March 14, 2017
It’s that time of year again in Austin — while our students are on a well-earned spring break — when our city transforms. When our streets overflow with people from around the world. When restaurants, parking lots and public spaces pulse with innovation, film and music. When leaders of business, technology and culture gather to exchange ideas and present groundbreaking new projects. Of course, it’s the time for South by Southwest.
This past weekend, the university hosted the UT Live SXSW series, featuring panel discussions and interactive exhibits, including an architecture student’s micro house, an in-depth look at artificial intelligence and a multimedia dance performance. I attended a number of the events and was proud of the wide range of accomplishments and expertise that UT presented for the world to see. Sunday evening, I participated in a panel with UT Professor Bob Metcalfe where we discussed how universities can better support faculty and student startups.
The weekend before SXSW, we opened our campus to the public for another successful Explore UT. School children, parents and visitors from across the state explored the Forty Acres and met with faculty, staff and students to see what makes The University of Texas so exceptional. Explore UT inspires future Longhorns, and I’m grateful for all of the hard work that was put in by our volunteers to make over 50,000 visitors feel at home at our university.
Today, U.S. News and World Report announced that more than 40 of UT’s graduate programs ranked among the top 10 in the nation, and four ranked No. 1. These rankings are a national recognition of the outstanding quality of our faculty and the programs they lead.
Since I last wrote to you, many members of our UT community have produced remarkable, career-defining work and received professional accolades. Some of the highlights are:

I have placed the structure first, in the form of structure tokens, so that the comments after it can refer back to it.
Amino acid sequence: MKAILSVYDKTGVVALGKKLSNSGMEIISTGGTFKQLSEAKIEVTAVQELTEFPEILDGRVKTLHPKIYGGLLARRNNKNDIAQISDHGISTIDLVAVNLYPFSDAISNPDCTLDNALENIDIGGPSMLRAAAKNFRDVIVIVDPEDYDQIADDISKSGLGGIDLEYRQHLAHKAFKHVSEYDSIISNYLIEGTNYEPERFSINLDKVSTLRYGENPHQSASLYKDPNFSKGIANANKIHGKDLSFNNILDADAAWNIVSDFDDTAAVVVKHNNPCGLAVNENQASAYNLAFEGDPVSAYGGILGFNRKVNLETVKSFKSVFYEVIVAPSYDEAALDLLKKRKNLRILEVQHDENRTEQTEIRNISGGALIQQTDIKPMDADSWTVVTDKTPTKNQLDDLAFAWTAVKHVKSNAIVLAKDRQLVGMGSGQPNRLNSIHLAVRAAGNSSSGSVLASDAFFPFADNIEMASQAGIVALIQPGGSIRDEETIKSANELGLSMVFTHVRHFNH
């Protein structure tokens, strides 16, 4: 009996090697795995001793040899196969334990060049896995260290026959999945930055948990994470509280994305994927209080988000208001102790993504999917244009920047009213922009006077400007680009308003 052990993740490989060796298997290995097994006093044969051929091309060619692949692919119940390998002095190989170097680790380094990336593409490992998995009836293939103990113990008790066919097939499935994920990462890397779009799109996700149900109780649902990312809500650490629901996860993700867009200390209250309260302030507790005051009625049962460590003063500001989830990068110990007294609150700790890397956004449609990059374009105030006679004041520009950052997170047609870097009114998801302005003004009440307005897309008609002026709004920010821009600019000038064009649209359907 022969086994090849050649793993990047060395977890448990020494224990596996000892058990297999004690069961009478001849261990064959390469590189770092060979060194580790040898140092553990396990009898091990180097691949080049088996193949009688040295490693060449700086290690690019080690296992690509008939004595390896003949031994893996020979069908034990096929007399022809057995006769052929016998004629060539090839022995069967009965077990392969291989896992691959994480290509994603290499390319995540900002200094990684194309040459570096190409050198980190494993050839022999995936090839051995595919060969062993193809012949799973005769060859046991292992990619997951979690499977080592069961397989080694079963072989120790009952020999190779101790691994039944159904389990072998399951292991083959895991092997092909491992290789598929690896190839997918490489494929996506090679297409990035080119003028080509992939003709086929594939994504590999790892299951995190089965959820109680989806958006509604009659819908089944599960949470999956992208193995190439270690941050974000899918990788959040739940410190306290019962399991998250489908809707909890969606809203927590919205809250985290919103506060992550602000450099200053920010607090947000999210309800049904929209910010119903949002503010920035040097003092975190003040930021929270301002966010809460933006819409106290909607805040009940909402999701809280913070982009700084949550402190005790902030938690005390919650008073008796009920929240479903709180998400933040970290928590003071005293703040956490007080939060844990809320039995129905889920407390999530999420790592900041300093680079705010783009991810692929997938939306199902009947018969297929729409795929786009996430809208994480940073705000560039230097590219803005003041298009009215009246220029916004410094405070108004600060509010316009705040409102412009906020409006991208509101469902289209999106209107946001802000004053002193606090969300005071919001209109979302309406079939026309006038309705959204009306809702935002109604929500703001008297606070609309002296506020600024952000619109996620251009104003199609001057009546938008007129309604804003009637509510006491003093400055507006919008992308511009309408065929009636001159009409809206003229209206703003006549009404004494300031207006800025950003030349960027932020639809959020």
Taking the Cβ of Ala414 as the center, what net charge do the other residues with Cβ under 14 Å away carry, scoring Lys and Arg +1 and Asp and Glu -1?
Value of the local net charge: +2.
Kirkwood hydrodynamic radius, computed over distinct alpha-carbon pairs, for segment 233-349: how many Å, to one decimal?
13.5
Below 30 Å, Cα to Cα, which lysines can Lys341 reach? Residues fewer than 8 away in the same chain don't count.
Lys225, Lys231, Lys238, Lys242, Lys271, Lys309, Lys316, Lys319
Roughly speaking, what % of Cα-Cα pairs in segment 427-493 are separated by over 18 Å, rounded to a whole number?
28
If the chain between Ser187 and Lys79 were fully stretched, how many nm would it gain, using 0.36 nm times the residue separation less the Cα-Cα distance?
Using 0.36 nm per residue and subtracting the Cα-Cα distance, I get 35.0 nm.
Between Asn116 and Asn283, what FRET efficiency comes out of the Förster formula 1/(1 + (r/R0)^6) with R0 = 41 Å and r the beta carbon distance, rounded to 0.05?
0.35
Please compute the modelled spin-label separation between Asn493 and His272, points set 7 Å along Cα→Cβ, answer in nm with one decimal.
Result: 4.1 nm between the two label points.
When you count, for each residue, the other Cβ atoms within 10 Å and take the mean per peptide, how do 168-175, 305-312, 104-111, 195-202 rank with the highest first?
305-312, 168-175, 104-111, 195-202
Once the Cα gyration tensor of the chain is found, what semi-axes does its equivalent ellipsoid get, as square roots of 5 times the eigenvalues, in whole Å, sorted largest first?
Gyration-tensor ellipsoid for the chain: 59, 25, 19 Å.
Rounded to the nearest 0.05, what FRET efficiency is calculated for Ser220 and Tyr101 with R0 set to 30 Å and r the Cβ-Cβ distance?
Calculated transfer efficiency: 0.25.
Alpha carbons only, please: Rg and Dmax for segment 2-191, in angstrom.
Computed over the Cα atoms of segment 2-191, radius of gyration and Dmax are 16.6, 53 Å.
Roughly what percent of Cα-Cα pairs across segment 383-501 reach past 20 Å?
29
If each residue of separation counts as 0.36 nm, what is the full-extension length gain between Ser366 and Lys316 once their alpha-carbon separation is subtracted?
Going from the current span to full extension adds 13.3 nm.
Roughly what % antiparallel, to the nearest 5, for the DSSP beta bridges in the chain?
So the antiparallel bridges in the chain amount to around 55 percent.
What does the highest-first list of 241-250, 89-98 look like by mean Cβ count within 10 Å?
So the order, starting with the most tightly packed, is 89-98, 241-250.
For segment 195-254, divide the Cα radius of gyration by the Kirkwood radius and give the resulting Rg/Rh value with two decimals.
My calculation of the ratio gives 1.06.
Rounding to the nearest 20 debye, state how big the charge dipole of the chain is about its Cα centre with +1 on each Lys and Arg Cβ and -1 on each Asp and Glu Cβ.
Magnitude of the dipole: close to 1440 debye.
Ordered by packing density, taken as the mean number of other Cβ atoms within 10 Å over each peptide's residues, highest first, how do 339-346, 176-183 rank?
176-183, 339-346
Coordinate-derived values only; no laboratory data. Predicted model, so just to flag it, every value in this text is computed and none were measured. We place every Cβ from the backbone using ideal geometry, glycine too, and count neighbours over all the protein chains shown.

Professor John Goodenough and his research team presented the technology for the next-generation rechargeable battery in the journal Energy & Environmental Science. Goodenough, who holds the Virginia H. Cockrell Centennial Chair in Engineering, is one of the co-creators of the lithium ion cell, and his new battery technology is non-combustible, lasting longer and charging faster than earlier versions. It can revolutionize the way we use mobile devices, electric cars and numerous other technologies.
Sean Roberts, assistant professor of chemistry at UT, received a grant from the National Science Foundation to fund his Green Energy at Texas (GREAT) program. GREAT will bring Austin Community College students to UT to collaborate with faculty in chemical engineering and chemistry.
Chemical engineering Professor David Allen was elected to the National Academy of Engineering, bringing the total number of current and emeritus National Academy members at UT to 39, the largest concentration of any university in Texas.
Sociology Professor Chandra Muller was elected to the National Academy of Education.
The UT women's basketball team was selected to play in the NCAA Tournament, earning the No. 3 seed in the Lexington Regional. The NCAA First and Second Rounds will be held at the Frank Erwin Center at UT, and I encourage you to come to the games, wear your finest burnt orange and support our team as they start tournament play this week.
Next week I will honor three outstanding Longhorns with Presidential Citations for their dedication to our university: Ardon Moore, Sandy Gottesman and Colonel Leon Holland. It is my sincere pleasure to recognize them for all they have done for UT with one of the university’s highest honors.
This is a great time to be in Austin. This is a great time to be a Longhorn. If you are traveling here for SXSW, check out the events we’re involved in, and please stop by the Forty Acres. This is your university, and I thank you for your continued engagement and support of The University of Texas.
Gregory L. Fenves